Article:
Thursday, December 31, 2015

Now in Print: Baptize Your Children Well

From my latest article in Christian Standard magazine:
A young person who is baptized as part of an integrated discipleship process will be less likely to question the validity of his or her baptism a few years later. 
When my own son was baptized, my wife and I wrote up notes about the process we went through to verify his readiness. We still have that record of his questions and comments and of our observations, in case he ever doubts the validity of his childhood decision. 
Another father in our church took that idea one step further and asks his children to journal about their studies, their sins, and their thought process as they consider the decision to be baptized, creating a record of their own.
Read more in the Christian Standard January 2016 issue

Thursday, December 24, 2015

The View From the Bus: Gray Christmas

It's the Wednesday before Thanksgiving in 1991 and we're on our way to western Kansas to spend the holiday weekend with relatives. As we pulled off I-70 for a restroom break in Independence, Missouri, I pulled to a stop at the red light at the top of the exit ramp. When the light turned green, I stepped on the accelerator and the car inched forward like a turtle.

The transmission was shot. We spent the holiday in a hotel and then coaxed the car to crawl two miles to a transmission shop.

Thus began the most dismal holiday season of what has been a lifetime of holiday catastrophes for our family.

The repair shop took over a week to complete the repair.

After getting a lift back to Independence, I picked up the car and drove it 100 miles back to the exit ramp near my home. I pulled to a stop at the red light at the top of the exit ramp.

Stop me if you've already heard this.

When the light turned to green, I stepped on the accelerator and the car inched forward like a turtle: the transmission had once again failed. I coaxed the car toward the local shop of the same franchised transmission service.  They took another two weeks to do the warrantied repair, which then failed miserably during the test drive. The original shop had the car towed back to Independence, and then, after another two weeks, delivered it back to me, repaired.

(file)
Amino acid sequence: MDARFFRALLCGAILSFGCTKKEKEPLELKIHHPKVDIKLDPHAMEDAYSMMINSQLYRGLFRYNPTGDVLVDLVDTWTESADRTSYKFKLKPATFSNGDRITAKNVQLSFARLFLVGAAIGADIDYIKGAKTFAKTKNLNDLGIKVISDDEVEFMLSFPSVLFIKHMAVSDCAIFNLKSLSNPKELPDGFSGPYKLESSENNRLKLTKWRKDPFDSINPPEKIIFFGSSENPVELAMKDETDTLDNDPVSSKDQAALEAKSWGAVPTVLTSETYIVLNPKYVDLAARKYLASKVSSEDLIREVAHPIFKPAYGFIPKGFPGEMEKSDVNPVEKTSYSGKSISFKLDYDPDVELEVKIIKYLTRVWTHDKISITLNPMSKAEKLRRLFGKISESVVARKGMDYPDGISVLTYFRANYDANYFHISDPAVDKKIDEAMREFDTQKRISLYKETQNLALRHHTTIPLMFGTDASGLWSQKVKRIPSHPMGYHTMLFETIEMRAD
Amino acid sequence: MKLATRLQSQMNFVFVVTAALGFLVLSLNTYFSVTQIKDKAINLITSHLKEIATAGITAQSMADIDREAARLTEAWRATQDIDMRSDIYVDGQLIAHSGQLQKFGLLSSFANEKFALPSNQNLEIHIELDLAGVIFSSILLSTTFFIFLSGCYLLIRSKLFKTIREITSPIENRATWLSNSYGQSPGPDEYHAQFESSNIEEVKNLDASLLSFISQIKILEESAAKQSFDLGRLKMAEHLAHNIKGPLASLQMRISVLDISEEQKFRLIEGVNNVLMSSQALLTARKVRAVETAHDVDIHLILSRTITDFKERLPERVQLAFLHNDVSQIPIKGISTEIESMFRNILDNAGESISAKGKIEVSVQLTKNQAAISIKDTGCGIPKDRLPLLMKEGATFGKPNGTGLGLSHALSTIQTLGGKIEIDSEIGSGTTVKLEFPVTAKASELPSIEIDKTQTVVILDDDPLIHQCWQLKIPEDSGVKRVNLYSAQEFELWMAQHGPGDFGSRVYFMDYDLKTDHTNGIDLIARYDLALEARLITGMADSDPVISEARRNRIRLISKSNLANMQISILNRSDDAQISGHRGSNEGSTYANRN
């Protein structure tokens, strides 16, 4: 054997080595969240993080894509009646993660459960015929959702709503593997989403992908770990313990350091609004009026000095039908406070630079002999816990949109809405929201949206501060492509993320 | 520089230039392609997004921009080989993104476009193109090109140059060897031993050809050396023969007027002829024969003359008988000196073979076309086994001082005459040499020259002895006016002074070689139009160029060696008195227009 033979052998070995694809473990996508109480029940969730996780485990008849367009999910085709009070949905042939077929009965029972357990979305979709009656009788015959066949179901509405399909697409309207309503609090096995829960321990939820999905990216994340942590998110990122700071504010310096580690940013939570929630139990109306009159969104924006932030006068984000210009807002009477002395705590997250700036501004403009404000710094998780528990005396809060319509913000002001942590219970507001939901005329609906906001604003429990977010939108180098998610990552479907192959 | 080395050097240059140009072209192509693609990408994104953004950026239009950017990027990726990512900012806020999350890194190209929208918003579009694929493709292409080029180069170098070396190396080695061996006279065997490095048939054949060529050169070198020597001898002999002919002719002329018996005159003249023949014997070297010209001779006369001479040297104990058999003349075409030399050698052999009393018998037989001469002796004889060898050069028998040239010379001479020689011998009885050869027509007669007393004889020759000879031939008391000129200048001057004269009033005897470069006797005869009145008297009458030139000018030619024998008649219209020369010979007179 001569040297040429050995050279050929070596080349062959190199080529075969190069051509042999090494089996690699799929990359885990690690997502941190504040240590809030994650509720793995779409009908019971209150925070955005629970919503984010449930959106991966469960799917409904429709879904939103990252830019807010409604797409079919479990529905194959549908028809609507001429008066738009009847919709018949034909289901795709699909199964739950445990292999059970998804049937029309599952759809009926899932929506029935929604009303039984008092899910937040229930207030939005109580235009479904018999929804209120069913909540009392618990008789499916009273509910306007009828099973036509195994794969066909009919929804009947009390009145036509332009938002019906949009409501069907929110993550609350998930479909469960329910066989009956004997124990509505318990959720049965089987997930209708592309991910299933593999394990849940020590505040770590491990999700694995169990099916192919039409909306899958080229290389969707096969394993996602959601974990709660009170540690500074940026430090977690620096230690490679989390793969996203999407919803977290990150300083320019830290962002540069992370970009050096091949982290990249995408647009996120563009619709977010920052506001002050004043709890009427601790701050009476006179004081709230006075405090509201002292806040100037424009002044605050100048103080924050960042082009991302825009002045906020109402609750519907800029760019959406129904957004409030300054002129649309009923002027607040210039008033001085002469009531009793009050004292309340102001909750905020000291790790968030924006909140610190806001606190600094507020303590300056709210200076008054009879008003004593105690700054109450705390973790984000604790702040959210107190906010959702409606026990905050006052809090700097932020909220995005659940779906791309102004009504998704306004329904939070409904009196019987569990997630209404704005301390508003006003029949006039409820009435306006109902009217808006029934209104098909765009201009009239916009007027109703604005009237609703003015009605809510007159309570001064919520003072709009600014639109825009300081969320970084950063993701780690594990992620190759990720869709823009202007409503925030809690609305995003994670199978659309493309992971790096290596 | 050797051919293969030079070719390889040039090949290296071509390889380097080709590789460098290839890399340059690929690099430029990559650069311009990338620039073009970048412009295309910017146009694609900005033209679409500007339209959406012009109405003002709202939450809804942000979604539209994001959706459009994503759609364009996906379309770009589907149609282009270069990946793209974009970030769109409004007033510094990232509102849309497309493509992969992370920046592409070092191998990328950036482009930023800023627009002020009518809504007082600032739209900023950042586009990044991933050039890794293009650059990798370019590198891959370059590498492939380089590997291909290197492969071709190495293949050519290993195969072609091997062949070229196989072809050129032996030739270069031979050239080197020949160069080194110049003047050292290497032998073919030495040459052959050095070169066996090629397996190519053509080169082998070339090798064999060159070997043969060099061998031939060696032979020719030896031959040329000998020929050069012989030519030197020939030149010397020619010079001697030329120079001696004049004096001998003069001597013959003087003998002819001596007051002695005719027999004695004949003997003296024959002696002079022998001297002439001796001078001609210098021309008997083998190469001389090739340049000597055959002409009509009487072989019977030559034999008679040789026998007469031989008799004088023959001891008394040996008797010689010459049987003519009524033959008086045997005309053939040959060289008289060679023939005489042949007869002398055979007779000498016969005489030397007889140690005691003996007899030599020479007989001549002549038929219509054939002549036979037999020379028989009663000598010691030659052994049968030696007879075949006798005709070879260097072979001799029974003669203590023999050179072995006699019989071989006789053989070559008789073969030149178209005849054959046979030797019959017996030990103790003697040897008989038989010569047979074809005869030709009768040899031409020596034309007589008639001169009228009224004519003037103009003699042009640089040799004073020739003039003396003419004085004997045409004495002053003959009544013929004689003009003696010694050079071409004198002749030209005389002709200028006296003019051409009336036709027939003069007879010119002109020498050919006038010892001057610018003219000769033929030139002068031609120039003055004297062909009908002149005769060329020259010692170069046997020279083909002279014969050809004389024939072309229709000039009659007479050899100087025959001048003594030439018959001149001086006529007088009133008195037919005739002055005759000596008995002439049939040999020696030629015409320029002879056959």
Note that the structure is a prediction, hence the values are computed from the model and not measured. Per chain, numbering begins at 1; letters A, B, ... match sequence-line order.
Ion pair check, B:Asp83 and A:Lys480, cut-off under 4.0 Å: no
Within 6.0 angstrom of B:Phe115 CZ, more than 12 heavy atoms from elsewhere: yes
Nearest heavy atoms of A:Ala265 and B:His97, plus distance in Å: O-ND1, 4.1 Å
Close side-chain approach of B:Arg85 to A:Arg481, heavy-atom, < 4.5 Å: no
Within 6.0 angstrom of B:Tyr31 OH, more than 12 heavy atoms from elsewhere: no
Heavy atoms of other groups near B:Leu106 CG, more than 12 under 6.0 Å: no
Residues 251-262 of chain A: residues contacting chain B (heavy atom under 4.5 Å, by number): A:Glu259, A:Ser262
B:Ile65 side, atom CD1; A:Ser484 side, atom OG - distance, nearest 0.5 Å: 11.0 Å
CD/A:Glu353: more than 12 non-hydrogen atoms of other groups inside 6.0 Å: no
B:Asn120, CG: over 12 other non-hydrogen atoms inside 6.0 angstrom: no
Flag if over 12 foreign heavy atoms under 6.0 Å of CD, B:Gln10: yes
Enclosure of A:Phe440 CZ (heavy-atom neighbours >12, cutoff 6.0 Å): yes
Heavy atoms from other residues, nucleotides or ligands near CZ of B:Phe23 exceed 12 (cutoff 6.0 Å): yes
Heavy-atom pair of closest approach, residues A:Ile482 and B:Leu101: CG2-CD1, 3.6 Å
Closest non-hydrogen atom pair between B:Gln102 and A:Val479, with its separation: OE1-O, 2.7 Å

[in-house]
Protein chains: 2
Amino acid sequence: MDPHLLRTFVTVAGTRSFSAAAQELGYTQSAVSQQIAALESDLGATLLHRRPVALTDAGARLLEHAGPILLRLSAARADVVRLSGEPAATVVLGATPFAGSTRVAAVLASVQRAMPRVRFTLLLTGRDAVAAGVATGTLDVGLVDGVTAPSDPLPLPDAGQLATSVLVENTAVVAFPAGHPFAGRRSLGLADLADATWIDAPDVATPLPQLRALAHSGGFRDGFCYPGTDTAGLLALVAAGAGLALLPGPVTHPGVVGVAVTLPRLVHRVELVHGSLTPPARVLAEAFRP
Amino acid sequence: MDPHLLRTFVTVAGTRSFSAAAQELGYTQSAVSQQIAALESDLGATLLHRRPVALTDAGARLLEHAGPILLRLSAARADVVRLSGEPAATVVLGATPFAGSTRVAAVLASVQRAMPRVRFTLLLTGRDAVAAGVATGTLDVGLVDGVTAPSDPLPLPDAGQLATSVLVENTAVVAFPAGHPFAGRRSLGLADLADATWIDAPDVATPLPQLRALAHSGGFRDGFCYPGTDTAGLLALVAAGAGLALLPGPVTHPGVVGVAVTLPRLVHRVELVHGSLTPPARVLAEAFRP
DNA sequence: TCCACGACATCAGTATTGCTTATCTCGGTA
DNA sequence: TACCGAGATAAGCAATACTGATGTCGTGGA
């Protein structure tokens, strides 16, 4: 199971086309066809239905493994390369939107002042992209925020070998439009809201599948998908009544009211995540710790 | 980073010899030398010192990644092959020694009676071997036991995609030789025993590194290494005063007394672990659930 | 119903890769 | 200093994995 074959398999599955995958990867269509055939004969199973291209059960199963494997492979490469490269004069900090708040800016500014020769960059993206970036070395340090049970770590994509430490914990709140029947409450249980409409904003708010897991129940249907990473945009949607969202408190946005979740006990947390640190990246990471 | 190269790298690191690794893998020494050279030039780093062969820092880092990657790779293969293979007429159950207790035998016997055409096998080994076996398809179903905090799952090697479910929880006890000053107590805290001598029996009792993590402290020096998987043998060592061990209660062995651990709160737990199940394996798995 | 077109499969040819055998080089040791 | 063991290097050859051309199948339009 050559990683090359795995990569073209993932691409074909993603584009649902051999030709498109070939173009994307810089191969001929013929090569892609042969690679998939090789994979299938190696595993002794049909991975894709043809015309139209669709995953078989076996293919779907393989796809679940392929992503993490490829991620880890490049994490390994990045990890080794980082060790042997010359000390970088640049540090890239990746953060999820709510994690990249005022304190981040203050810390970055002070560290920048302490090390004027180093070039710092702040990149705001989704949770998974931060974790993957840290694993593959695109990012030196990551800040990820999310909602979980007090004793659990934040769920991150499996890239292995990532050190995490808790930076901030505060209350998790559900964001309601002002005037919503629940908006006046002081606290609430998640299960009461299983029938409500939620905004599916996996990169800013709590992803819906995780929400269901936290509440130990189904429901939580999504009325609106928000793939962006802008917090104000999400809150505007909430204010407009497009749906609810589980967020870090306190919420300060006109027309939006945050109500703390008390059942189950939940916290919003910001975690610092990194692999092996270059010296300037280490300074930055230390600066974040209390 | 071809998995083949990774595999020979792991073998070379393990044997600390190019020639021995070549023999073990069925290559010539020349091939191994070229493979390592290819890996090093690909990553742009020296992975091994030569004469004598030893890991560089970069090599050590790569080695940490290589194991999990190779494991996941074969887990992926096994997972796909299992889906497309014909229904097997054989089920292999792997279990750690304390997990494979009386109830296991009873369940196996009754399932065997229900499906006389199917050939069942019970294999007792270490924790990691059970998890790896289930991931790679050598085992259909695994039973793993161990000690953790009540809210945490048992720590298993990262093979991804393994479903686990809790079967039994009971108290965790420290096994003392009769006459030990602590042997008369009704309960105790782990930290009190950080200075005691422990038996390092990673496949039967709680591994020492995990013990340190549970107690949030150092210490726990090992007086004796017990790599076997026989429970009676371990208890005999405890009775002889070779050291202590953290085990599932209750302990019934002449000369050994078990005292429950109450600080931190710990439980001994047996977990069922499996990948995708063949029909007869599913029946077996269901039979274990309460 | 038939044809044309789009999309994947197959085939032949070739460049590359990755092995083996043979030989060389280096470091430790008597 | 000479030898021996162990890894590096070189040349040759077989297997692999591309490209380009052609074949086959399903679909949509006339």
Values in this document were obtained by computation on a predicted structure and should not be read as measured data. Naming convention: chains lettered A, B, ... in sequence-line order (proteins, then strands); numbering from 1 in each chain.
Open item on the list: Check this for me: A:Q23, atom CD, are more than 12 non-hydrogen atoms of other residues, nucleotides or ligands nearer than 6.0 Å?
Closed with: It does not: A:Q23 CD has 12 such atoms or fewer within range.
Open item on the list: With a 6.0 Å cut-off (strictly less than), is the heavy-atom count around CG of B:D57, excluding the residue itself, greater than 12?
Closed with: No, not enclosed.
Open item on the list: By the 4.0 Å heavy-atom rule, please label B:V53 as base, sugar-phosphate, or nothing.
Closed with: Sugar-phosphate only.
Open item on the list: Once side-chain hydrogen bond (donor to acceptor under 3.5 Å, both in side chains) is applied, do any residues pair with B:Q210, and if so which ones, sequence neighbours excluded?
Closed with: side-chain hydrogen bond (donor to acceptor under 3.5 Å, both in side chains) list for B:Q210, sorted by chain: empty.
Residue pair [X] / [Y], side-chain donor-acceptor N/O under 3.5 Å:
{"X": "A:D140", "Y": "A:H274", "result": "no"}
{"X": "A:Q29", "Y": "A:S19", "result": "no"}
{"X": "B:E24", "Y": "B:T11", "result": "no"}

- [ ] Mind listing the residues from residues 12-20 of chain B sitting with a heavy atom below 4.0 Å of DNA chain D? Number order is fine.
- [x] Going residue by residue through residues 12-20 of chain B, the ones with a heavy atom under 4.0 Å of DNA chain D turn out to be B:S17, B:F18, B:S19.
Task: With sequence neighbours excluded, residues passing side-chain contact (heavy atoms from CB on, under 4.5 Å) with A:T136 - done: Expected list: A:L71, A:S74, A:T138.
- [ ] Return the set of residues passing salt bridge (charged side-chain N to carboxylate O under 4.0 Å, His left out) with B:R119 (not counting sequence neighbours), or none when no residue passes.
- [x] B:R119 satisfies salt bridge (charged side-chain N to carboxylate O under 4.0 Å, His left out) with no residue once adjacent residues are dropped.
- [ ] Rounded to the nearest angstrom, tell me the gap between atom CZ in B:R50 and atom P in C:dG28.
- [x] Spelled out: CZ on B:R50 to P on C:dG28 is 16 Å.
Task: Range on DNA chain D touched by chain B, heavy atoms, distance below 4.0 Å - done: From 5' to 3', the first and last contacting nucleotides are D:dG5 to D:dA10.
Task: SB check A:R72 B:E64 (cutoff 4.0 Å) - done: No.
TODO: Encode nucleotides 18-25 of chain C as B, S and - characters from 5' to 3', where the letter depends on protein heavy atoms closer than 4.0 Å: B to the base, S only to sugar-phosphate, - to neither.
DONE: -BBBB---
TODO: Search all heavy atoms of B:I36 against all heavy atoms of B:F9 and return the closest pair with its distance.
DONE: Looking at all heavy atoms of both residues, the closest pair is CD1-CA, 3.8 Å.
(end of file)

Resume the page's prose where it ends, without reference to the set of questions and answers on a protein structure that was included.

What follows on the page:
So, from Thanksgiving through a few days after New Year's Day, we were without a car. I rode the bus every day to work and back. Our spirits were not merry and bright. Most of the things we would normally do to be out and about celebrating the season were called off. Our boys weren't happy campers.

One particularly wretched day in mid-December stands out to me.

Snow was falling when I boarded the bus at my workplace. The streets were already covered by the grayed and blackened snow leftover from previous snowfalls.

The windows of the bus were covered with a layer of the splashed-up dirty snow from the streets, quickly being topped by a coating of new-fallen snow. The only visibility to the outside of the bus was through the driver's front windshield, which the wipers were making a valiant effort at keeping clear.

A loose connection was causing the already dim interior lights of the bus to flicker on and off each time the bus hit a bump or shook. If you've ever ridden a city bus, you know that means the lights were constantly flickering, casting the scene with a surreal horror-movie atmosphere.

The interior heating system was also not keeping up, which meant that every rider sat bundled tight in their winter coats. Every time the doors opened for someone to board or exit, a gust of frozen air invaded the bus.

A young woman sat near the front of the bus with an infant in a car carrier. The poor child was doing what I and everyone else aboard wanted to be doing: he was cycling between crying, screaming, and whimpering in reaction to the nightmare surrounding him.

As the bus rumbled through the neighborhoods, we all sat staring out the front windshield, trying to keep track of where the bus was on the route. With darkness already upon the city and our view of the outside world constricted, I was more than a little concerned I would miss my stop and be stuck on this bus ride through hell for another circuit through its route.

Given the road conditions and the rush hour traffic, the ride took much longer than normal. The time finally arrived, though, when I saw the neighborhood of my bus stop past the driver's hunched shoulders.

I was almost late in pulling the cord to signal my stop, because judging distance was nearly impossible through the driving snow. When I did pull the cord, the driver looked up, startled, and began braking for the bus stop. The behemoth slid a few feet past its target, but finally found purchase among the snow and came to halt.

I was glad to leave the ghost of Christmas bus behind, but quickly discovered I was stepping into the gusts of Christmas present, with several inches of snow on the ground, more snow falling quickly around me, a bitter wind, and a two and a half block walk ahead of me.

When I finally opened our front door, my boys stared at me like I was the abominable snowman. I must have looked a fright, covered with snow, my body hunched down, and my face betraying the desolation of the long ride home.

From my point of view, though, the warmth of the house and the warmth of the welcome into my home was the greatest Christmas blessing I could want. And I knew full well that there were other people out there riding the bus on this dismal night who had much less than I. Did they have people to welcome them? Did they have a warm place to live?

God, bless them every one.

Originally posted 12/1/2014